Ken Cuccinelli Asks Court to Block Obama Administration From Reviving NSA Spying Program

The former Virginia attorney general doesn’t want to wait six months to end the NSA’s mass surveillance of domestic phone records.

Attorney General for Virginia and Republican candidate Ken Cuccinelli speaks during a debate with former DNC Chair and Democratic candidate Terry McAuliff on September 25, 2013 in McLean, Virginia. Voters go to the polls November 5 to decide which candidate will replace incumbent governor Bob McDonnell, who has reached his term limits. 
National Journal
June 8, 2015, 9:03 a.m.

The Obama ad­min­is­tra­tion is poised to per­man­ently kill the Na­tion­al Se­cur­ity Agency’s bulk col­lec­tion of U.S. call data in six months.

But that’s not fast enough for former Vir­gin­ia At­tor­ney Gen­er­al Ken Cuc­cinelli, who be­lieves a re­cent ap­peals court de­cision deem­ing the sur­veil­lance pro­gram il­leg­al should pre­vent any ex­ten­sion at all from go­ing for­ward.

Cuc­cinelli, a Re­pub­lic­an who un­suc­cess­fully ran for Vir­gin­ia gov­ernor in 2013, filed a leg­al chal­lenge on Fri­day in the For­eign In­tel­li­gence Sur­veil­lance Court ask­ing to halt the Obama ad­min­is­tra­tion’s “im­min­ent or re­cently-made re­quest” to re­vive the NSA’s phone drag­net, which shut down earli­er this month due to the tem­por­ary lapse of por­tions of the Pat­ri­ot Act. The chal­lenge is joined by the con­ser­vat­ive group Freedom­Works.

Last week, Con­gress passed and Obama signed in­to law the USA Free­dom Act, a sur­veil­lance-re­form pack­age that will ef­fect­ively end the NSA’s bulk-col­lec­tion re­gime in fa­vor of a more tar­geted sys­tem al­low­ing the gov­ern­ment to ask for re­cords from phone com­pan­ies on an as-needed, FISA Court-ap­proved basis.

The Free­dom Act also calls for a six-month trans­ition win­dow to al­low the in­tel­li­gence com­munity time to mi­grate to­ward the new sys­tem. Dur­ing that time, the gov­ern­ment has said it will seek to con­tin­ue the bulk-col­lec­tion pro­gram un­changed.

But the Justice De­part­ment’s re­quest to re­start the pro­gram is the first time it has sought per­mis­sion for do­mest­ic bulk-data col­lec­tion since the 2nd U.S. Cir­cuit Court of Ap­peals ruled in May that it was il­leg­al and nev­er in­ten­ded to be au­thor­ized by Con­gress.

That rul­ing, Cuc­cinelli ar­gues, should prompt the FISA Court to over­turn its pri­or or­ders au­thor­iz­ing the pro­gram. His chal­lenge claims that the NSA pro­gram is un­con­sti­tu­tion­al be­cause it vi­ol­ates the Fourth Amend­ment’s pro­tec­tion against un­reas­on­able searches and seizures.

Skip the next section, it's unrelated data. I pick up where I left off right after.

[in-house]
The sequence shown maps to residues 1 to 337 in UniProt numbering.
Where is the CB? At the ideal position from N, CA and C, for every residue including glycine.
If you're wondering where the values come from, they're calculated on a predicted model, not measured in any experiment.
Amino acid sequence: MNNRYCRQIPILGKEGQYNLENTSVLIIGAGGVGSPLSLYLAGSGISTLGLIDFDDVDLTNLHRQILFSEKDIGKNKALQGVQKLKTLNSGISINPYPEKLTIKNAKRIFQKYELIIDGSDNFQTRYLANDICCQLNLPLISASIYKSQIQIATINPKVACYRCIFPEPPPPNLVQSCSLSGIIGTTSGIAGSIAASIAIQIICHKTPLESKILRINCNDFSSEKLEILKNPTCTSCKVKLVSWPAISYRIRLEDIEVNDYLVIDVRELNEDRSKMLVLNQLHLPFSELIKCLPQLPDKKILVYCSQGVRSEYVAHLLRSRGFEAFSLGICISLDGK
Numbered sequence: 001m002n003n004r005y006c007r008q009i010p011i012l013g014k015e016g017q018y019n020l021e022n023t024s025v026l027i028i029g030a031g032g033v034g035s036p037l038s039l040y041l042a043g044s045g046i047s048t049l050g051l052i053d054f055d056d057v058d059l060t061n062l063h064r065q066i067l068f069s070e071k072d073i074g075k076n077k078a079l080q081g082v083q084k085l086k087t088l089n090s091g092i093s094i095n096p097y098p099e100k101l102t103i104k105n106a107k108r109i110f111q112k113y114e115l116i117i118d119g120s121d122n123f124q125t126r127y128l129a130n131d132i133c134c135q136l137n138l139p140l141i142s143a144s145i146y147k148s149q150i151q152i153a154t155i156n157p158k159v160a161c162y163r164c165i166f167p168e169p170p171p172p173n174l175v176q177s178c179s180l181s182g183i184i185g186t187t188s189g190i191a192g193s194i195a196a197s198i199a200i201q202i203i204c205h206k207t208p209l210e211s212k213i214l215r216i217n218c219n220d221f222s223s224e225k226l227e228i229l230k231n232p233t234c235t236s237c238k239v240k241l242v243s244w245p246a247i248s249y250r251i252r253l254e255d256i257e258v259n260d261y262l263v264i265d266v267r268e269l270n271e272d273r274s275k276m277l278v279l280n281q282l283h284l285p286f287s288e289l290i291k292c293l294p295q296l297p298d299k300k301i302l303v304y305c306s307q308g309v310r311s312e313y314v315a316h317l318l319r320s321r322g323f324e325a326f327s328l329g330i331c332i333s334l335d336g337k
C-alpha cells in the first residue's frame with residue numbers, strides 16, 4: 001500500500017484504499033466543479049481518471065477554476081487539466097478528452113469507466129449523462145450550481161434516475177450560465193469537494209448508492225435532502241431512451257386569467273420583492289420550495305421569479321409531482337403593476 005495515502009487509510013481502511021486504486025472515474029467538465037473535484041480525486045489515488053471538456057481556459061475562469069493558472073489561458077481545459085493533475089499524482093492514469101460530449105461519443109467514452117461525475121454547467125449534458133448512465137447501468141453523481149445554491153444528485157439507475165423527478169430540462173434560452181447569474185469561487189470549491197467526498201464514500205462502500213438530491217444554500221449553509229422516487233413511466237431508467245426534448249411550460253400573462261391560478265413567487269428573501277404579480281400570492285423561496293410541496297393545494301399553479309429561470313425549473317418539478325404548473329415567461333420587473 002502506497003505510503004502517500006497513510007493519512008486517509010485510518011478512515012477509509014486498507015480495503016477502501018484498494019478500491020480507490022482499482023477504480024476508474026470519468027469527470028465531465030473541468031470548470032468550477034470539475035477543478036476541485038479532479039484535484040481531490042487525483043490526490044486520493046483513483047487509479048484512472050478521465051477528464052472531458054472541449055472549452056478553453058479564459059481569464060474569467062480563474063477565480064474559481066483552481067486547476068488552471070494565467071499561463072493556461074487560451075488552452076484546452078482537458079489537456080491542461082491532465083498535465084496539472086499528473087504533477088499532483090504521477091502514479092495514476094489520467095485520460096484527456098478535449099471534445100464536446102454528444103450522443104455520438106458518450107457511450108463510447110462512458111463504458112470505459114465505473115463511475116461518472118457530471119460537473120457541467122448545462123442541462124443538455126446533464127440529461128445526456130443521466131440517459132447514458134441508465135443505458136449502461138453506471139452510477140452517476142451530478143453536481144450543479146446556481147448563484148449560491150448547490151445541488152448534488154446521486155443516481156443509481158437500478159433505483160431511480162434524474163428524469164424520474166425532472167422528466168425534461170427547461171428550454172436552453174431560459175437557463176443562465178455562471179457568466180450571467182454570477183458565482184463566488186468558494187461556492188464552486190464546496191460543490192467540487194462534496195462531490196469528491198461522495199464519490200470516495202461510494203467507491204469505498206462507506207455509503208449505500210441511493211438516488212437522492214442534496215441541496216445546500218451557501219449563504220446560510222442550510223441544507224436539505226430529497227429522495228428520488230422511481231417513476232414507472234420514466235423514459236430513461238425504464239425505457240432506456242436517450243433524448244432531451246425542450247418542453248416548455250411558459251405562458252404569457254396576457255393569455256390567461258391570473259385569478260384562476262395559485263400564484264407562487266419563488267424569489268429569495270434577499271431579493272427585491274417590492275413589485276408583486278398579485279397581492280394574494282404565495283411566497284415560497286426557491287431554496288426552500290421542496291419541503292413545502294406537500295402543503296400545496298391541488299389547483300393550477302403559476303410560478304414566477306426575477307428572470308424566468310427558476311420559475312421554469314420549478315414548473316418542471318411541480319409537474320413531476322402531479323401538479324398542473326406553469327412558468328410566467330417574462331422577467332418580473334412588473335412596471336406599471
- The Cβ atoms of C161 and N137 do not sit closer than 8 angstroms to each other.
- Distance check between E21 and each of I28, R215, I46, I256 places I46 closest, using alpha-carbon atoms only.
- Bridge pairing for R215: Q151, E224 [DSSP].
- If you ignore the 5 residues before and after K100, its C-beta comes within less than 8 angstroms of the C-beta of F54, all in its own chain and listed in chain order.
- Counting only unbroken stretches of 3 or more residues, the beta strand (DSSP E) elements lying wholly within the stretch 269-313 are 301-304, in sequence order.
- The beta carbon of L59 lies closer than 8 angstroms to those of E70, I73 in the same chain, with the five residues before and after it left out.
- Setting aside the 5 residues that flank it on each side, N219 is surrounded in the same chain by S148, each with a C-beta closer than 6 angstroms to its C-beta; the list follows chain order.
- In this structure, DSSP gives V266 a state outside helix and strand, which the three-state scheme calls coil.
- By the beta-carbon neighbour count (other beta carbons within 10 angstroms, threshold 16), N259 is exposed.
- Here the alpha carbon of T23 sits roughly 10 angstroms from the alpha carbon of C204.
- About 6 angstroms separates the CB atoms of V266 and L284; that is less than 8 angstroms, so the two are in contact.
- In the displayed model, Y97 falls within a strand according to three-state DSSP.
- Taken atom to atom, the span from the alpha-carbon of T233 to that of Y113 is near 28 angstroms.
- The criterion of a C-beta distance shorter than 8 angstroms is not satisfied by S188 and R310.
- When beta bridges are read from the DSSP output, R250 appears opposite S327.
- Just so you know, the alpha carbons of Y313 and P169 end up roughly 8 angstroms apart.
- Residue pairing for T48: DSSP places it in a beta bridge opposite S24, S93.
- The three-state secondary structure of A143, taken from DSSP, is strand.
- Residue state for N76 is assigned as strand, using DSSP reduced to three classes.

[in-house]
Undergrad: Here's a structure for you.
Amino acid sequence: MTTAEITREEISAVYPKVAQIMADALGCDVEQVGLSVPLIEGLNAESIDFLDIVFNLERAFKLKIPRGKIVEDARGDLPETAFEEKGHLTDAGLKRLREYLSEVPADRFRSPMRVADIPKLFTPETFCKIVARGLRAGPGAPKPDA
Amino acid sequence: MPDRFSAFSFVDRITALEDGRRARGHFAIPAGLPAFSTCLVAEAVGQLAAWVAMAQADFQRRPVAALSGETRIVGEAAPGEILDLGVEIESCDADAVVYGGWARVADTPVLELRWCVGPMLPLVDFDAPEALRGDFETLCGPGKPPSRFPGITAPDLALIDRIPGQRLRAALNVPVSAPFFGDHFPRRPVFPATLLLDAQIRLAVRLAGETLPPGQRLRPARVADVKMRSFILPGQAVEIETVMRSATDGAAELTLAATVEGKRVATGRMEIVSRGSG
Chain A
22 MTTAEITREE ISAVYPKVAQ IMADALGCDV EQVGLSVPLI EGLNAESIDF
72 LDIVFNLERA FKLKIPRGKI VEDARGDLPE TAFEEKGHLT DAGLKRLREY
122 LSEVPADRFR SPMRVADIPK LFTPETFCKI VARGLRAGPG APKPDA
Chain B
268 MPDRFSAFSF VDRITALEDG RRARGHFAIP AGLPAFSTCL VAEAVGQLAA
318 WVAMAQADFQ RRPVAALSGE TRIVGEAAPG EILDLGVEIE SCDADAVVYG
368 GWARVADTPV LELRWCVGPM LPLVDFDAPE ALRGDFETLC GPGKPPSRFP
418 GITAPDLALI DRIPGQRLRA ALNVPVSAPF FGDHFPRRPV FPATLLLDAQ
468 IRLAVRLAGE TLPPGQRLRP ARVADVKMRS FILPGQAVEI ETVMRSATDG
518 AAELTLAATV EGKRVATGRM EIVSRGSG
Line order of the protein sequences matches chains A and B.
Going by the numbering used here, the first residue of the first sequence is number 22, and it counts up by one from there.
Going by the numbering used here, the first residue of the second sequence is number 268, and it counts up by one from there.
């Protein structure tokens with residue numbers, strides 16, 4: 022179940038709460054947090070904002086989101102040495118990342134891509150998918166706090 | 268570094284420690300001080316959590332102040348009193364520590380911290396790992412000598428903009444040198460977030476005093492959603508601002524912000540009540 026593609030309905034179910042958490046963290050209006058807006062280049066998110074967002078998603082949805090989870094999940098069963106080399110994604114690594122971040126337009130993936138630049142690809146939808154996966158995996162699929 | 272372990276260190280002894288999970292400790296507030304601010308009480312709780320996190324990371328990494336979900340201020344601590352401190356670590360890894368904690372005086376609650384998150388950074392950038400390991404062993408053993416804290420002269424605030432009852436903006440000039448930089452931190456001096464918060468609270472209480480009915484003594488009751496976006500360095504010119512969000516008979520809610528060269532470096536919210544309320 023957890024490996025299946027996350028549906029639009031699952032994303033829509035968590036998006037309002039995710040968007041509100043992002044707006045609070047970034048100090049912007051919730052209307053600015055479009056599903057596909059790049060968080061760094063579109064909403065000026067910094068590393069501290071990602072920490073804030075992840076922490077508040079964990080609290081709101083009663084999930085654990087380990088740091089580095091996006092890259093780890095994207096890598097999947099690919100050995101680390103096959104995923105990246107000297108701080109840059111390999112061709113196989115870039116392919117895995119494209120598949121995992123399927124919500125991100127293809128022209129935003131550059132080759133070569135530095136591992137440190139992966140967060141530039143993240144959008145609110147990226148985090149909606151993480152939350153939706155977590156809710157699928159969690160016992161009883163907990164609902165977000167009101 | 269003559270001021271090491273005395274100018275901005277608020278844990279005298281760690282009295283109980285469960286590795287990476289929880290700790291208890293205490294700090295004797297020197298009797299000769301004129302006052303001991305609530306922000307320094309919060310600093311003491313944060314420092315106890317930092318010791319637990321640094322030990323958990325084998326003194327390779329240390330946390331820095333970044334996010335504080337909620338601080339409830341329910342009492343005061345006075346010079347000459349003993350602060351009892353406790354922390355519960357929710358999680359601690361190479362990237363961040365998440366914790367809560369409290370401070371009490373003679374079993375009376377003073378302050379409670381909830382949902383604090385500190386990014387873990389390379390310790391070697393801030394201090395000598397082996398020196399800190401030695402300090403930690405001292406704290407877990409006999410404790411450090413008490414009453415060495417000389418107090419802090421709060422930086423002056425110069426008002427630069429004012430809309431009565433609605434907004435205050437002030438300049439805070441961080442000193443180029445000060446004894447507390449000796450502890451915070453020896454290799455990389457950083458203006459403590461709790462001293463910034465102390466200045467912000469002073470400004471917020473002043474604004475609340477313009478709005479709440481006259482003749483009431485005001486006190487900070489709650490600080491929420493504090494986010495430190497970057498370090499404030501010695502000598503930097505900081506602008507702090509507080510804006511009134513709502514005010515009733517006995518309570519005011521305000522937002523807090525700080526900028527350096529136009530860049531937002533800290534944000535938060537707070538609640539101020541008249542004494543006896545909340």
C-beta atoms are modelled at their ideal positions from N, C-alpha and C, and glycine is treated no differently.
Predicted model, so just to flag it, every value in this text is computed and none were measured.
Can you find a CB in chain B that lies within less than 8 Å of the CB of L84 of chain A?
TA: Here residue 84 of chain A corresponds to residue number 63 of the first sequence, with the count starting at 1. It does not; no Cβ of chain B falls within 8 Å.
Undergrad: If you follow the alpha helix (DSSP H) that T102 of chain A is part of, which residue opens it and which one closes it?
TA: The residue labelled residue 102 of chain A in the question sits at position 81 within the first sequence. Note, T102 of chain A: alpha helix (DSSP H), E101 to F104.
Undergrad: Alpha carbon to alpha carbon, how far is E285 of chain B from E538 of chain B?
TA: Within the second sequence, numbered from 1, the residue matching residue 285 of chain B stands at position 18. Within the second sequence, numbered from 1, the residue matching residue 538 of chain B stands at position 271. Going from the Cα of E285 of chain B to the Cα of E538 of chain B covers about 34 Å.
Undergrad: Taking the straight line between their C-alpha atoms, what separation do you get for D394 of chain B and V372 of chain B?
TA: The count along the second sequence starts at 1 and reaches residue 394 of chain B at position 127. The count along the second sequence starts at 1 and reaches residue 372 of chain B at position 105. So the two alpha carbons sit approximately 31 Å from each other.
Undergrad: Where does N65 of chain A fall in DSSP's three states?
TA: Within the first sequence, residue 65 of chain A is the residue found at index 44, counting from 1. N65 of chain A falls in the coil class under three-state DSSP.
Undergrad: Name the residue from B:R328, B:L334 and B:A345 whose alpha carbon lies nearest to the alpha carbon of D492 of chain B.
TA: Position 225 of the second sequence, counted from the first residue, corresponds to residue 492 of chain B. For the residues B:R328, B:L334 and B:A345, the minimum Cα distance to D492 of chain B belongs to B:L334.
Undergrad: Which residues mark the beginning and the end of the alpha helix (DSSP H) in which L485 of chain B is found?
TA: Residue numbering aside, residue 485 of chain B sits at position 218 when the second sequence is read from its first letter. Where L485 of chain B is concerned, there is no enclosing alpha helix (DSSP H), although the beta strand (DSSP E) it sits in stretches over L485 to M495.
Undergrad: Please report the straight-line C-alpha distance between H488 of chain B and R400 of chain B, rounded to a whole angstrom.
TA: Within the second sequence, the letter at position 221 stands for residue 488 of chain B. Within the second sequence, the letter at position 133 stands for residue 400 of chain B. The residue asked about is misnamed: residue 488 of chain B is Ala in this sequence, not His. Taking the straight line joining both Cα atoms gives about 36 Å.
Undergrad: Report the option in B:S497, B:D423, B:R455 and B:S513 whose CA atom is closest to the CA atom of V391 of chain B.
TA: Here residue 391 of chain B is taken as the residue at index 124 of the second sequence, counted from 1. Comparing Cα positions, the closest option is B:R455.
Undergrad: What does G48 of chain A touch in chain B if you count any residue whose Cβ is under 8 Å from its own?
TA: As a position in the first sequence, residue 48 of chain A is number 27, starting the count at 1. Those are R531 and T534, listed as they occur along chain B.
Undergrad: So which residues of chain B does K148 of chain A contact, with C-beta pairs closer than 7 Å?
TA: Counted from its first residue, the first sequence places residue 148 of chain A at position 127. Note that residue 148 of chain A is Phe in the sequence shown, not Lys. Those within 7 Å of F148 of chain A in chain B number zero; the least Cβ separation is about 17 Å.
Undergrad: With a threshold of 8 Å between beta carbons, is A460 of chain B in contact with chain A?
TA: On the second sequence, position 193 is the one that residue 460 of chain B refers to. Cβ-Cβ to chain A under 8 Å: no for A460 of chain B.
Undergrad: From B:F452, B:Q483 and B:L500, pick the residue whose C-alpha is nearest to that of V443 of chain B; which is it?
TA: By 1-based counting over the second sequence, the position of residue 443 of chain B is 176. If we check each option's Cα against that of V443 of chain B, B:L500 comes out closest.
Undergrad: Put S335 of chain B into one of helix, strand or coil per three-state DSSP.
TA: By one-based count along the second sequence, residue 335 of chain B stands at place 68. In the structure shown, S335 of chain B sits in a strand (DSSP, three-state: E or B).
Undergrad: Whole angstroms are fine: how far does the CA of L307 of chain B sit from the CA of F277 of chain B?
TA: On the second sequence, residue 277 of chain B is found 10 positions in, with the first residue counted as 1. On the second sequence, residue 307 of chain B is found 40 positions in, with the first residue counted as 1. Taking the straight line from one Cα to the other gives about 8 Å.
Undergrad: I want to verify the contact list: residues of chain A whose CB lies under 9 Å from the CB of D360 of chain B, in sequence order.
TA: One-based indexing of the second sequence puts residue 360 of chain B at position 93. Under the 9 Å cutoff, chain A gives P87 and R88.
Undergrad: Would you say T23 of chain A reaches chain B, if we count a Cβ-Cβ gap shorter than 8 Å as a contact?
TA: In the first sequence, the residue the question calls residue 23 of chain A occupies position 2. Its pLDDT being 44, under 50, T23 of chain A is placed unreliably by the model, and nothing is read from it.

Cuc­cinelli also makes note of the Free­dom Act’s so-called amicus pro­vi­sion, which re­quires the FISA Court to con­sult with a pan­el of pri­vacy ex­perts when re­view­ing gov­ern­ment spy­ing or­ders. Pri­vacy ad­voc­ates, who have de­rided the FISA Court as a “rub­ber-stamp fact­ory,” view the pro­vi­sion as an es­sen­tial check on the scope of sur­veil­lance re­quests.

Cuc­cinelli sug­gests that he could step in to fill that role as an al­tern­at­ive to his form­al chal­lenge.

“The presid­ing judge of this Court may des­ig­nate coun­sel herein as amicus curi­ae,” Cuc­cinelli writes, adding that he “is ex­per­i­enced in ad­dress­ing pri­vacy mat­ters, civil liber­ties is­sues and is a con­sti­tu­tion­al law­yer.”

The ad­min­is­tra­tion has not re­spon­ded to re­peated ques­tions about wheth­er the new FISA Court re­quest will be sub­ject to the Free­dom Act’s amicus pro­vi­sion. It has also not cla­ri­fied wheth­er its re­quest will seek ap­prov­al for 90 days of phone-metadata col­lec­tion, as pre­vi­ous or­ders have gran­ted, or if it would at­tempt to fill the en­tire 180-day trans­ition win­dow with one or­der.

In a state­ment, the Justice De­part­ment de­fen­ded the NSA metadata pro­gram and said its ef­fort to re­new bulk data-gath­er­ing for an ad­di­tion­al six months is ap­pro­pri­ate and un­con­tro­ver­sial giv­en pas­sage of the Free­dom Act.

“As we’ve re­peatedly stated be­fore, we be­lieve the pro­gram is law­ful,” de­part­ment spokes­man Marc Rai­mondi said in an email. “Moreover, in passing the Free­dom Act Con­gress provided for a 180 day trans­ition peri­od for the gov­ern­ment to con­tin­ue the ex­ist­ing col­lec­tion pro­gram un­til the new mech­an­ism of ob­tain­ing call de­tail re­cords is im­ple­men­ted. As we have pre­vi­ously in­dic­ated, con­sist­ent with this trans­ition peri­od we are seek­ing a new or­der from the FISC au­thor­iz­ing the con­tinu­ation of this col­lec­tion dur­ing the trans­ition peri­od.”

Cuc­cinelli, who serves as pres­id­ent of the Sen­ate Con­ser­vat­ives Fund and has taken to oyster farm­ing since his gubernat­ori­al de­feat to Terry McAul­iffe, has made leg­al chal­lenges to NSA mass sur­veil­lance be­fore. Last year he was lead coun­sel on a class-ac­tion law­suit led by Sen. Rand Paul that claimed the phone-re­cords pro­gram vi­ol­ated the Fourth Amend­ment for every U.S. cit­izen who used a phone. That law­suit fizzled, however, and Paul is not a part of Cuc­cinelli’s new chal­lenge.

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